- Anubis Manufacturing Consultants Corp. will mail a letter of apology to 3Dprintler Inc. by April 9, 2014 apologizing for the incident of having sold an upgrade for aerial drone which was listed on Thingiverse under non – commercial license
- Anubis Manufacturing Consultants Corp. will mail a letter to 3Dprintler Inc. by April 9, 2014, confirming that Kevin Scanlan was terminated from his employment at Anubis.
A settlement was made, a cheque written and the career of Mr. Scanlab at Anubis is no more. This is serious business. Will the business of 3D printing put serious business in the direction of solicitors in the future? That’s possibly going to depend upon how soon the companies in the 3D printing industry, large and small, and the many makers, amateur and professional designers, salespersons, marketeers, and everyone else engaging in this fascinating phenomena that has gained worldwide attention make a combined decision to show how many types of interest can reach an equilibrium of good will.
Whether a marketing professional of a five billion dollar corporation or a student learning computer aided design, whether a hobbyist open source desktop 3D printer owner or an entrepreneur seeking growth for their closed source 3D printables marketplace, in the US or Russia, Rwanda or Congo, there is a chance to reach an early common understanding that no matter what the interest of the company or individual in 3D printing, piracy is wrong.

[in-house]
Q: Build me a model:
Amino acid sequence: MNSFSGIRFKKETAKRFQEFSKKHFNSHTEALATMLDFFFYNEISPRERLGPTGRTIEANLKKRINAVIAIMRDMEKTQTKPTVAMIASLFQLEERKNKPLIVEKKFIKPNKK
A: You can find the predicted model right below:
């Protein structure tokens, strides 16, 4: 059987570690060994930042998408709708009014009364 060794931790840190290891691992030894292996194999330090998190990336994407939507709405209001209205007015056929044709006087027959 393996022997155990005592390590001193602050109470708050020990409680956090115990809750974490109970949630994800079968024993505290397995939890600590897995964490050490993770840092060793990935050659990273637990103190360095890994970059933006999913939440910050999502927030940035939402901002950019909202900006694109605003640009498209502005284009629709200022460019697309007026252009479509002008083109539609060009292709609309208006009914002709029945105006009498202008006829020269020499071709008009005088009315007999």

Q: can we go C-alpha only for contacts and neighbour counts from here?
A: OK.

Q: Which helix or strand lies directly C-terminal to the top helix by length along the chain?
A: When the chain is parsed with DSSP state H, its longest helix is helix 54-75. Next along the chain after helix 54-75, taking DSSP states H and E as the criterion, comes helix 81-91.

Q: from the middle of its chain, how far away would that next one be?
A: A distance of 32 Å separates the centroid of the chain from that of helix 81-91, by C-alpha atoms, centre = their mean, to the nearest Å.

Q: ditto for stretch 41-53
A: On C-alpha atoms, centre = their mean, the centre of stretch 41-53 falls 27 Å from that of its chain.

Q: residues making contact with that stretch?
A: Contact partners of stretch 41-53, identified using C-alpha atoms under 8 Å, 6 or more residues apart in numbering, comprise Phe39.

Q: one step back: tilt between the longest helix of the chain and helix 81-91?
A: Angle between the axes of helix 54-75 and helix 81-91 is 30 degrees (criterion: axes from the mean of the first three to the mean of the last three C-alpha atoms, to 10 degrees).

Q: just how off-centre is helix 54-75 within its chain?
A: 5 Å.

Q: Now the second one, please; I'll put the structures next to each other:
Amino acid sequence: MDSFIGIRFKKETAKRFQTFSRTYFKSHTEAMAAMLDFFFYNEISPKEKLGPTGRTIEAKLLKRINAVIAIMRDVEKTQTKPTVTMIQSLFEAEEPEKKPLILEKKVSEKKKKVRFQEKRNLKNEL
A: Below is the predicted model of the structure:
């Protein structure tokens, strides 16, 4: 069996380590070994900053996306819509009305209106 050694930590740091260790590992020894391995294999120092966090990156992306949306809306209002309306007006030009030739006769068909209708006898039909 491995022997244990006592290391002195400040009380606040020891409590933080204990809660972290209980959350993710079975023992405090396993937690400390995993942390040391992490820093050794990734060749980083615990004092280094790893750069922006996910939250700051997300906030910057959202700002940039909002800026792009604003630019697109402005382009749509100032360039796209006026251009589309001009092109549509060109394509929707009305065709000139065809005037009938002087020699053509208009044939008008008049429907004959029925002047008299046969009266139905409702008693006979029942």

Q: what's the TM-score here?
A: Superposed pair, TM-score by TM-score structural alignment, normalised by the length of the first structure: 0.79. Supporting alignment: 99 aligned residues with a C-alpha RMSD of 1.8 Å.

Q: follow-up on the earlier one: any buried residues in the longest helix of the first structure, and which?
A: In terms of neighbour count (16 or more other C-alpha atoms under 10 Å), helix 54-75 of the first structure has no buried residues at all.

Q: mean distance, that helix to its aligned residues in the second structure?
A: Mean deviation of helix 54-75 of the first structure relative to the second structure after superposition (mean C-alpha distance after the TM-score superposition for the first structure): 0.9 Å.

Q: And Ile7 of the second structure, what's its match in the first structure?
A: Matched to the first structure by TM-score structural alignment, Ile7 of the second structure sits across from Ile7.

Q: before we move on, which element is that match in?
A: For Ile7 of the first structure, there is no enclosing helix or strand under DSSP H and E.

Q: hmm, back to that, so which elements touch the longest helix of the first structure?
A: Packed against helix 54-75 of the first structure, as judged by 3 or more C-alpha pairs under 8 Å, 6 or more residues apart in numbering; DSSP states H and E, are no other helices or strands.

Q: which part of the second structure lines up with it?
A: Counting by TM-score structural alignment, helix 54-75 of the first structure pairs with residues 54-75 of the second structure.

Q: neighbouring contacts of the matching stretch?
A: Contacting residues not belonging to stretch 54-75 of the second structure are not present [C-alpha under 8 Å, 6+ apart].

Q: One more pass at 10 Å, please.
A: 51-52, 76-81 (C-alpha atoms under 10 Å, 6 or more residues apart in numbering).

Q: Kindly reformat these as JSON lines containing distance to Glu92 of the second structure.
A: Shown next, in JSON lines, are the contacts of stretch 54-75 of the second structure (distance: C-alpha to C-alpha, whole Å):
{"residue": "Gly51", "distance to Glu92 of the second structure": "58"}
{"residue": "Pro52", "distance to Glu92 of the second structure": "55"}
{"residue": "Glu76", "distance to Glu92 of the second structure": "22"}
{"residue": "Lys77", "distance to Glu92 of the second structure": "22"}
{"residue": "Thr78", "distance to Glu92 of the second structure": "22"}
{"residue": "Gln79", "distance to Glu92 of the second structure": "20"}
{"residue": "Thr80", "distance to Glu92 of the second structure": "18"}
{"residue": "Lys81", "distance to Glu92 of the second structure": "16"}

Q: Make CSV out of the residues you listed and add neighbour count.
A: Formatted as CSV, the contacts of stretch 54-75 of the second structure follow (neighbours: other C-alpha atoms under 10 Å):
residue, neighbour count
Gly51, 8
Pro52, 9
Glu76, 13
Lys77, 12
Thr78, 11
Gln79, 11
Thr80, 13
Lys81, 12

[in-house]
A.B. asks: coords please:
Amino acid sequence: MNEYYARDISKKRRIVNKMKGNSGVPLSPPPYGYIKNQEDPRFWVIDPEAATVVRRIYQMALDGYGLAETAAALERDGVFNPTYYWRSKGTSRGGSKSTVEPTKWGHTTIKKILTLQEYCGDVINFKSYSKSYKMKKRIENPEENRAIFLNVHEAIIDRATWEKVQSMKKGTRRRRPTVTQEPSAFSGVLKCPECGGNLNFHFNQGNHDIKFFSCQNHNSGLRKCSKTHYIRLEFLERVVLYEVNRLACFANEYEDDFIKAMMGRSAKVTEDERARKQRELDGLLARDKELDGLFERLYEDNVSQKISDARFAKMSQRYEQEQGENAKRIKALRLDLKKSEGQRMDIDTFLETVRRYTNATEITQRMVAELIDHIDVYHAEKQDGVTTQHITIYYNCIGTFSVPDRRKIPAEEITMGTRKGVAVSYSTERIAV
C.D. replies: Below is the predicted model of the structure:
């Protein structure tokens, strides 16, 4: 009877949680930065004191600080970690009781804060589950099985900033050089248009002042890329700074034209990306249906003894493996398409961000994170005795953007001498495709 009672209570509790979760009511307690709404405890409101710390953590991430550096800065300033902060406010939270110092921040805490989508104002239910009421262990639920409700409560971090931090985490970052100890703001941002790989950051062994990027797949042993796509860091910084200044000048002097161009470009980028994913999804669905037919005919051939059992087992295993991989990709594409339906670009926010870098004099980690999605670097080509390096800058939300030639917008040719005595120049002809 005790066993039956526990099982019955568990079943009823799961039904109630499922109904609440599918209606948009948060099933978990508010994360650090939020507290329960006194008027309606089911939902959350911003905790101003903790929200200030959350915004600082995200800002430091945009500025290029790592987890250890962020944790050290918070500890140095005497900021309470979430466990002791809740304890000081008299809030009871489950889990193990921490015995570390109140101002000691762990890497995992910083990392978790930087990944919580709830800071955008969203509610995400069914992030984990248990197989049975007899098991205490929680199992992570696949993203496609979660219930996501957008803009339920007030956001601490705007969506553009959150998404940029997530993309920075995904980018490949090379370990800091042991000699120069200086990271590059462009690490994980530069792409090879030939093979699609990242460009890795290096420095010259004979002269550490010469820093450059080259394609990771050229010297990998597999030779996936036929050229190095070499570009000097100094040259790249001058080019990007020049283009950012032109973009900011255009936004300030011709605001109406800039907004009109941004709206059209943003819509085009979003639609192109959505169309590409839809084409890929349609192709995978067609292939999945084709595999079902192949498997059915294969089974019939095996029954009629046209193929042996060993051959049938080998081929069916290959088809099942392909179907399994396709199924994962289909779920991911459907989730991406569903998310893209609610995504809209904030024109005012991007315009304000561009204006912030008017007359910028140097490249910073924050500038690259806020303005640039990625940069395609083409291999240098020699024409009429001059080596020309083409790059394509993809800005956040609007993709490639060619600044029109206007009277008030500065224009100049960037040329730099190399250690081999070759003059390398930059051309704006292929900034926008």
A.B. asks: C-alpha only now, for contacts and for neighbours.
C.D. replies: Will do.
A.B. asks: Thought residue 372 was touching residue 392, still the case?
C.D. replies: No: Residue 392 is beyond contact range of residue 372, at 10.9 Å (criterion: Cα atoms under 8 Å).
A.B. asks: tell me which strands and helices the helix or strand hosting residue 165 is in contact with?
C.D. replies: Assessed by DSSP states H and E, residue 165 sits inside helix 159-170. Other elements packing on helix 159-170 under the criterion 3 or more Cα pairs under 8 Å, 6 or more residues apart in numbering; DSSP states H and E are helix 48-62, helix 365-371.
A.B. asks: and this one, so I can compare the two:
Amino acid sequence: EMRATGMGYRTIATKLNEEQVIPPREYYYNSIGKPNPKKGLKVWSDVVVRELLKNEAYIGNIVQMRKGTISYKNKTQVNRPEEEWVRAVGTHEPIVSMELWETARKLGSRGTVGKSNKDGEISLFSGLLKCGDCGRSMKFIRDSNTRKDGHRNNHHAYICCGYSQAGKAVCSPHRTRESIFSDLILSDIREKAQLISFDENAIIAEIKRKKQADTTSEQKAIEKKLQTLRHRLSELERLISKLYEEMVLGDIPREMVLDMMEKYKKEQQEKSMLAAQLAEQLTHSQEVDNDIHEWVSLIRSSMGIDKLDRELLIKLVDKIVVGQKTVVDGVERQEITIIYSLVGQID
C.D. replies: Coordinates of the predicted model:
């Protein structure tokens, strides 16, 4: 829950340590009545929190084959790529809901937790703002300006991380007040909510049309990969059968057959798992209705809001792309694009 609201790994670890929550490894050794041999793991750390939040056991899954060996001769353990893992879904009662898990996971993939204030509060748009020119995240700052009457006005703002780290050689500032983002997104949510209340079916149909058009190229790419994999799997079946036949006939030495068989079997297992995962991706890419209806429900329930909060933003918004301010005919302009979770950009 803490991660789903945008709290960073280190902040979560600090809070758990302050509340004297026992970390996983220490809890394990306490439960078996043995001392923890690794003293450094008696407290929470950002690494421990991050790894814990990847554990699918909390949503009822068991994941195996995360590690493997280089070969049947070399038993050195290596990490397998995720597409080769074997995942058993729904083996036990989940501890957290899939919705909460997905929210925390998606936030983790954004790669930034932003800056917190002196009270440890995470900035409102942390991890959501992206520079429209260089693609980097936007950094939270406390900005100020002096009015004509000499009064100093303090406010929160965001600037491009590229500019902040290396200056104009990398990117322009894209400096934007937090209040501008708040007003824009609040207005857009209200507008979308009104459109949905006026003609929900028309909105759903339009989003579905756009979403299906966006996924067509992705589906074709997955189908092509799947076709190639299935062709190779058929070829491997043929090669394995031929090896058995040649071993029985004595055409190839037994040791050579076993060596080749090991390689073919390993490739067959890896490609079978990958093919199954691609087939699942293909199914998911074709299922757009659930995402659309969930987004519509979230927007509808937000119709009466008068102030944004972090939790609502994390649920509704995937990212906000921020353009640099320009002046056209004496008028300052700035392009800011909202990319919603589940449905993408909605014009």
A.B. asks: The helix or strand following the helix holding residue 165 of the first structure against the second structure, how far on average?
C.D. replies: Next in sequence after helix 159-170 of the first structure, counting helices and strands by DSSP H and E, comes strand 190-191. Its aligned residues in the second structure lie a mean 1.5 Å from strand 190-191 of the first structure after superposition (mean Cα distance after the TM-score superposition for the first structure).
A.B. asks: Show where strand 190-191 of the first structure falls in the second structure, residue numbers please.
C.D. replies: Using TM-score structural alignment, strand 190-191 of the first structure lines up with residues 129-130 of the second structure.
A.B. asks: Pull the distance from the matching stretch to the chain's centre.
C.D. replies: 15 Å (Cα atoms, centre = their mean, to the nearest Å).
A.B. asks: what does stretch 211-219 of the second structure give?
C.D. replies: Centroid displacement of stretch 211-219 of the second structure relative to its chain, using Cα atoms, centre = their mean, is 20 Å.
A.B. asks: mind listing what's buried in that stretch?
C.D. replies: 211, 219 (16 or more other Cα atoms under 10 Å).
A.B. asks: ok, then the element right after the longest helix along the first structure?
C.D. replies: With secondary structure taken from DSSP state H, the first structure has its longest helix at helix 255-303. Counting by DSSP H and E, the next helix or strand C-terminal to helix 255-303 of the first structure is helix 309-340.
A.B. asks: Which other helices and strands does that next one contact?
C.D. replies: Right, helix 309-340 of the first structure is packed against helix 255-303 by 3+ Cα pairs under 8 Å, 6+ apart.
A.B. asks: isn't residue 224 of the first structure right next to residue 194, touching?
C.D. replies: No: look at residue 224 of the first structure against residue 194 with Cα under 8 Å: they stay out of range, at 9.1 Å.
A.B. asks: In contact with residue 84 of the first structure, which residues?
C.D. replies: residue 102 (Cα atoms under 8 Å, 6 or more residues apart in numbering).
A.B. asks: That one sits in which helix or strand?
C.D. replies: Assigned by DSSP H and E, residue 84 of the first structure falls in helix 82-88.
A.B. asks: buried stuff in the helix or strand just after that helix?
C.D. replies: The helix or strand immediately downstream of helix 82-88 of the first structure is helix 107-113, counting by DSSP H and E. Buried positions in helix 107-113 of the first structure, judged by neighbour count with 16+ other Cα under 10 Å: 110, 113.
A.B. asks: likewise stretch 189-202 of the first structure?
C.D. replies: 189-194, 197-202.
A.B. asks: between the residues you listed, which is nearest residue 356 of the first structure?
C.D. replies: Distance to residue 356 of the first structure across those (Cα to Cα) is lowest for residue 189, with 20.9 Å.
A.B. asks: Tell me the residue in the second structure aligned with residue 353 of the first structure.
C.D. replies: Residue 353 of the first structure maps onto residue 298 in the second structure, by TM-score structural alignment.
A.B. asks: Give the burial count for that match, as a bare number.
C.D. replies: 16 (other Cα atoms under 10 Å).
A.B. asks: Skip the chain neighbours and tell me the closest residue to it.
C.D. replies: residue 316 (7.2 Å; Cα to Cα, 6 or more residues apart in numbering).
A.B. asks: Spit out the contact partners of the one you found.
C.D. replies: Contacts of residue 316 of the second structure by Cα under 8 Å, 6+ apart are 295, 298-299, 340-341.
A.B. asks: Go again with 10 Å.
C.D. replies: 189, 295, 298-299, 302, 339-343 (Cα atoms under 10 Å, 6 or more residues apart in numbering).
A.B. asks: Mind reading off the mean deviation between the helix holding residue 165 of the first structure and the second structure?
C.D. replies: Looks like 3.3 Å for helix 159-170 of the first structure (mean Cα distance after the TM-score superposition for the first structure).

Heck, there are between 100,000 – 200,000 FREE designs out there to 3D print already. If we can’t all sit back and say – wow, that’s something pretty special in itself, we are so lucky to have so much combined good will that people are willing to take the time and take that risk to put free designs out there. It’s not ABOUT the free designs – there are numerous ways to make money and make a business out of 3D printing, but those free designs are indicative of a fairly unusual good will and hopefulness about 3D printing that is special.